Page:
November 27, 2020 Policy-makers reacted to the COVID-19 crisis through a variety of channels. This Systemic Risk Centre conference, co-organized with the Bank of Canada, focused on how financial markets responded to these policy initiatives and asked what we have learned for future interventions.
The Interplay of Financial Education, Financial Literacy, Financial Inclusion and Financial Stability: Any Lessons for the Current Big Tech Era?The objective of this paper is twofold. First, we assess whether financial education might be a suitable tool to promote the financial inclusion opportunities that big techs provide. Second, we study how this potential financial inclusion could impact financial stability.
The main objectives of debt management are to raise stable and low-cost funding to meet the government’s financial needs and to maintain a well-functioning market for government securities.
Can Bitcoin survive? Some say it will become vulnerable to attacks as the rewards for processing Bitcoin transactions continue to decline. The economics of fixed costs suggest the specialized hardware used to mine Bitcoin may be key to its survival.
Repeated interactions between borrowers and lenders create the possibility of dynamic pricing: lenders compete aggressively with low prices to attract new borrowers and then raise their prices once borrowers have made a commitment. We find such pricing patterns in the Canadian mortgage market.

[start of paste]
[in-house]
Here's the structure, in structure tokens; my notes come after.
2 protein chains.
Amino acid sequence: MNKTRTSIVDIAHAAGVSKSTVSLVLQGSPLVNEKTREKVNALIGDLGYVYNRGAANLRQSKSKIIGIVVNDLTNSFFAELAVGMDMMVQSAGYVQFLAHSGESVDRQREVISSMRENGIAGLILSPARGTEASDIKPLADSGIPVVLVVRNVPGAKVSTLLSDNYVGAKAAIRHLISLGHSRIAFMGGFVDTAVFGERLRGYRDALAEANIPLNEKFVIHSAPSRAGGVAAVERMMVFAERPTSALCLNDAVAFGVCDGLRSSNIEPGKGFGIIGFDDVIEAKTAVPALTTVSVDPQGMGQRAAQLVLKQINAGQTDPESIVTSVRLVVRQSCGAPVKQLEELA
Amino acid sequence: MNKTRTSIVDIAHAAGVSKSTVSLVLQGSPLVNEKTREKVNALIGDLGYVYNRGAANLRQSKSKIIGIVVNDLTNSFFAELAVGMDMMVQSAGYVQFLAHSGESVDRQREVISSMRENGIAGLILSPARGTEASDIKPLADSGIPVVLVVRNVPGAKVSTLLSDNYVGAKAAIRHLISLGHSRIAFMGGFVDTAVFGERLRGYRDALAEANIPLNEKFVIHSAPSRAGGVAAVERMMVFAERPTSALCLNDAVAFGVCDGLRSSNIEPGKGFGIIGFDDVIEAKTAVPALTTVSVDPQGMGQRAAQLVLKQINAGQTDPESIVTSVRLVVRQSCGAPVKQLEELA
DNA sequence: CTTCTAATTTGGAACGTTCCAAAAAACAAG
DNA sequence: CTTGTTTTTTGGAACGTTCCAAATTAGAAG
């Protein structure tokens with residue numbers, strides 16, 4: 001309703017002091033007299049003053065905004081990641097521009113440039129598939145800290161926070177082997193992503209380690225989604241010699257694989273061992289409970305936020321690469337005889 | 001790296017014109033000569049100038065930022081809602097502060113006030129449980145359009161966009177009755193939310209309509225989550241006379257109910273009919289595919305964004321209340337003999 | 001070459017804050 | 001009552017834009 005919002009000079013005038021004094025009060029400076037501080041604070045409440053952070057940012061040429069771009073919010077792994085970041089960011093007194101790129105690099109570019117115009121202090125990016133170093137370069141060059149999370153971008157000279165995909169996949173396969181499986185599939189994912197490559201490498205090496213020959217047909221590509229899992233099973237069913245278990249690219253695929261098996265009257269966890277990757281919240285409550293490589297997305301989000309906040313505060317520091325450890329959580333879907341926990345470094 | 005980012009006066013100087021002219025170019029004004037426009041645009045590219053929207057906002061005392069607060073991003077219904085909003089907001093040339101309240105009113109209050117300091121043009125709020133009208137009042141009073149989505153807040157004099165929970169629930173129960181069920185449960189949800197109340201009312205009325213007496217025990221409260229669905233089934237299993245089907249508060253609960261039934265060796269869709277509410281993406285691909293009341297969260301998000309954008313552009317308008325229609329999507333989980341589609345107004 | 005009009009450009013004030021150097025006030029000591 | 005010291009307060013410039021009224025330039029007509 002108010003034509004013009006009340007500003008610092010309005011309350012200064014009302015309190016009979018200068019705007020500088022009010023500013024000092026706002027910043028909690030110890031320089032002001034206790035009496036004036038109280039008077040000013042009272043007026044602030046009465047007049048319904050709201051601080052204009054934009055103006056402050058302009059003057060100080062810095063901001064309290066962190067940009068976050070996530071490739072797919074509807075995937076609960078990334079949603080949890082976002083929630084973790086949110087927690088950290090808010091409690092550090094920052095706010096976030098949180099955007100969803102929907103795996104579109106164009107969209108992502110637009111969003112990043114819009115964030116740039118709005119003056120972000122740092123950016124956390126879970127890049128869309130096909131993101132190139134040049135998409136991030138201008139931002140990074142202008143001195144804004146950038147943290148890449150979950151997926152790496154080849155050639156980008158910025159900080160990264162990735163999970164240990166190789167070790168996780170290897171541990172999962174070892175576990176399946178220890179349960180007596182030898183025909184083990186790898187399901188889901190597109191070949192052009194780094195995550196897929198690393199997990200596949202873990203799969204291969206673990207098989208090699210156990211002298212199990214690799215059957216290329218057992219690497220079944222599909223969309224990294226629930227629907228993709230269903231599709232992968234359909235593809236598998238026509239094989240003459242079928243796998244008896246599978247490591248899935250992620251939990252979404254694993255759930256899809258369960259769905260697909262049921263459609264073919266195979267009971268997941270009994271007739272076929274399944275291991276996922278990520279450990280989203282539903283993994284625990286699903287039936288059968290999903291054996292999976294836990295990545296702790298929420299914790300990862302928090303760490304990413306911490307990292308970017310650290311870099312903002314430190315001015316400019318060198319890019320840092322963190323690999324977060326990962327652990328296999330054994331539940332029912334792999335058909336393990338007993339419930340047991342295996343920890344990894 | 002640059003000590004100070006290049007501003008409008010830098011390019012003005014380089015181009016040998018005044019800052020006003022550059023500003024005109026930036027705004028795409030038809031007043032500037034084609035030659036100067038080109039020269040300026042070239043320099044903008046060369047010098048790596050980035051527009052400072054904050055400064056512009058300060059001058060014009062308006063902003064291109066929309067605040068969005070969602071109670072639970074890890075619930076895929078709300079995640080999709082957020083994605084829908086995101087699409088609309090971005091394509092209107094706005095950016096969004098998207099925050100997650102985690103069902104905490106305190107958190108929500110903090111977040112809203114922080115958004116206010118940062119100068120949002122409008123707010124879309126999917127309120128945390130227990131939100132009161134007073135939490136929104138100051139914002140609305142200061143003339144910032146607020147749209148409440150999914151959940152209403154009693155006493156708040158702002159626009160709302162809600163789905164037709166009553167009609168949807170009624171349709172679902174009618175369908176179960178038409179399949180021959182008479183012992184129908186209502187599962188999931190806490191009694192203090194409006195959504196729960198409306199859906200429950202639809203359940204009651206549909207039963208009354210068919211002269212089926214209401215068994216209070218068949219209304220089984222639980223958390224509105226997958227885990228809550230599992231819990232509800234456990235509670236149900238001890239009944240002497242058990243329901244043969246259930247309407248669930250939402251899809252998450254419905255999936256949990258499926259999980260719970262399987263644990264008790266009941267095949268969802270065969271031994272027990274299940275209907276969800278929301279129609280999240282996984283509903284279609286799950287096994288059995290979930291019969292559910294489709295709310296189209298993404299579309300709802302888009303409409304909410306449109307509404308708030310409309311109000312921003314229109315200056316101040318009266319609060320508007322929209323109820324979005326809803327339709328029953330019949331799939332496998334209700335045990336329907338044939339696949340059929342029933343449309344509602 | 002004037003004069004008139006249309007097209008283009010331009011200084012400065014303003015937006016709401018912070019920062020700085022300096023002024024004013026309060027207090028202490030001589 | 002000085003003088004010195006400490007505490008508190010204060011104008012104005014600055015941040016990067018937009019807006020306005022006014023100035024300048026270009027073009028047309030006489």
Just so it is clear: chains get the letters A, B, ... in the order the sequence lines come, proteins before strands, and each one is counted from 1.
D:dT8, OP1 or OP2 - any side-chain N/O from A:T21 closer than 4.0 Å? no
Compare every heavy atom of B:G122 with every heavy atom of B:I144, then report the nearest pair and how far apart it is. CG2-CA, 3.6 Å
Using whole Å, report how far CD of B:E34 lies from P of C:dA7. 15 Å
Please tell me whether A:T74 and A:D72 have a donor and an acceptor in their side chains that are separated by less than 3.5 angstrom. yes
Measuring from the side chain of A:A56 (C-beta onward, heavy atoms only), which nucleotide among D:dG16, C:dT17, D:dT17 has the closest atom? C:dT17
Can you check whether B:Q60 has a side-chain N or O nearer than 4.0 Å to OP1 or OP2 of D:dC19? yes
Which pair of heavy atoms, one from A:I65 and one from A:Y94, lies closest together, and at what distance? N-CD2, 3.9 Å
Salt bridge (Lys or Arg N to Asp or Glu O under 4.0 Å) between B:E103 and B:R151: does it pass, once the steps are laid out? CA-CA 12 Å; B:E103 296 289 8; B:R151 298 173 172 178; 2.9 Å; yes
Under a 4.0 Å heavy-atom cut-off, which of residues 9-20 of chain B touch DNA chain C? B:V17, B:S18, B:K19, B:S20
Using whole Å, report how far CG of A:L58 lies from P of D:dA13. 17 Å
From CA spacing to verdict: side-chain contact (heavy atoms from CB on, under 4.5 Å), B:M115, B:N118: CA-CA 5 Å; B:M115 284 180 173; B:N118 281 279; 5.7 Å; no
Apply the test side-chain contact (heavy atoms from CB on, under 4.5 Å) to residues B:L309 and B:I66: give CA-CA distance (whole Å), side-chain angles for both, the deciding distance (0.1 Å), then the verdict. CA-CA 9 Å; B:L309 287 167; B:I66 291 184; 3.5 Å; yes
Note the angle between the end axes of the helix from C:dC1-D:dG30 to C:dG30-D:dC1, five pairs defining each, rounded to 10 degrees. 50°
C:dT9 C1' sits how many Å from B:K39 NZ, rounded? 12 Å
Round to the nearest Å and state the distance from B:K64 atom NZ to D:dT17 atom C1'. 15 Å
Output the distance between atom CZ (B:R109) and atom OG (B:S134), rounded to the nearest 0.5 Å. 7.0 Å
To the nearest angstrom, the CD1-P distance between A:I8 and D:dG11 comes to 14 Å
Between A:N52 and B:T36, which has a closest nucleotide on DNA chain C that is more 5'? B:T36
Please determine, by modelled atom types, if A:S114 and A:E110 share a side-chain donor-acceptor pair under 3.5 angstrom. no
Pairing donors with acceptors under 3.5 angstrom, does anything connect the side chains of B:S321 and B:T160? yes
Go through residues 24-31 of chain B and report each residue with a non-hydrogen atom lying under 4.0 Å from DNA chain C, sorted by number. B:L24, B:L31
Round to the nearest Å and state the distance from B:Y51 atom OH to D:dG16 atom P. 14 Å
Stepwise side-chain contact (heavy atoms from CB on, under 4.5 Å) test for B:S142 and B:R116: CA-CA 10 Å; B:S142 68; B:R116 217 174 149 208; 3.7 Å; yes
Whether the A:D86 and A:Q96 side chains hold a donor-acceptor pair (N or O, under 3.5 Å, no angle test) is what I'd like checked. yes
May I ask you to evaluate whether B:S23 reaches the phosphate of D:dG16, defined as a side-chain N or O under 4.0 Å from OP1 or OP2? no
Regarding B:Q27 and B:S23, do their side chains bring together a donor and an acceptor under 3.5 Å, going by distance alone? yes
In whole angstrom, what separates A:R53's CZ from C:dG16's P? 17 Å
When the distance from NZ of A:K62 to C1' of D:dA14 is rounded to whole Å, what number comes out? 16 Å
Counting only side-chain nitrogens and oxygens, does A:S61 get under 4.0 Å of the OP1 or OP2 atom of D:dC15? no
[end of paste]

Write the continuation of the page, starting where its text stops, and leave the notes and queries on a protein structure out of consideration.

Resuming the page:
We investigate the uncertainty around stock returns at different investment horizons. Since a return is either a loss or a gain, we categorize return uncertainty into two components—loss uncertainty and gain uncertainty. We then use these components to evaluate investment.
How Do Mortgage Rate Resets Affect Consumer Spending and Debt Repayment? Evidence from Canadian ConsumersWe study the causal effect of mortgage rate changes on consumer spending, debt repayment and defaults during an expansionary and a contractionary monetary policy episode in Canada. We find asymmetric responses of consumer durable spending, deleveraging and defaults. These findings help us to understand household sector response to interest rate changes.
This equilibrium model explains the trend in long-term yields and business-cycle movements in short-term yields and yield spreads. The less-frequent inverted yield curves (and less-frequent recessions) after the 1990s are due to recent secular stagnation and procyclical inflation expectations.
What is the optimal tax schedule in over-the-counter markets, e.g., those for corporate bonds? I find that an optimal tax schedule is often non-monotonic. For example, trading of some high-price assets should be subsidized, and trading of some low-price assets should be taxed.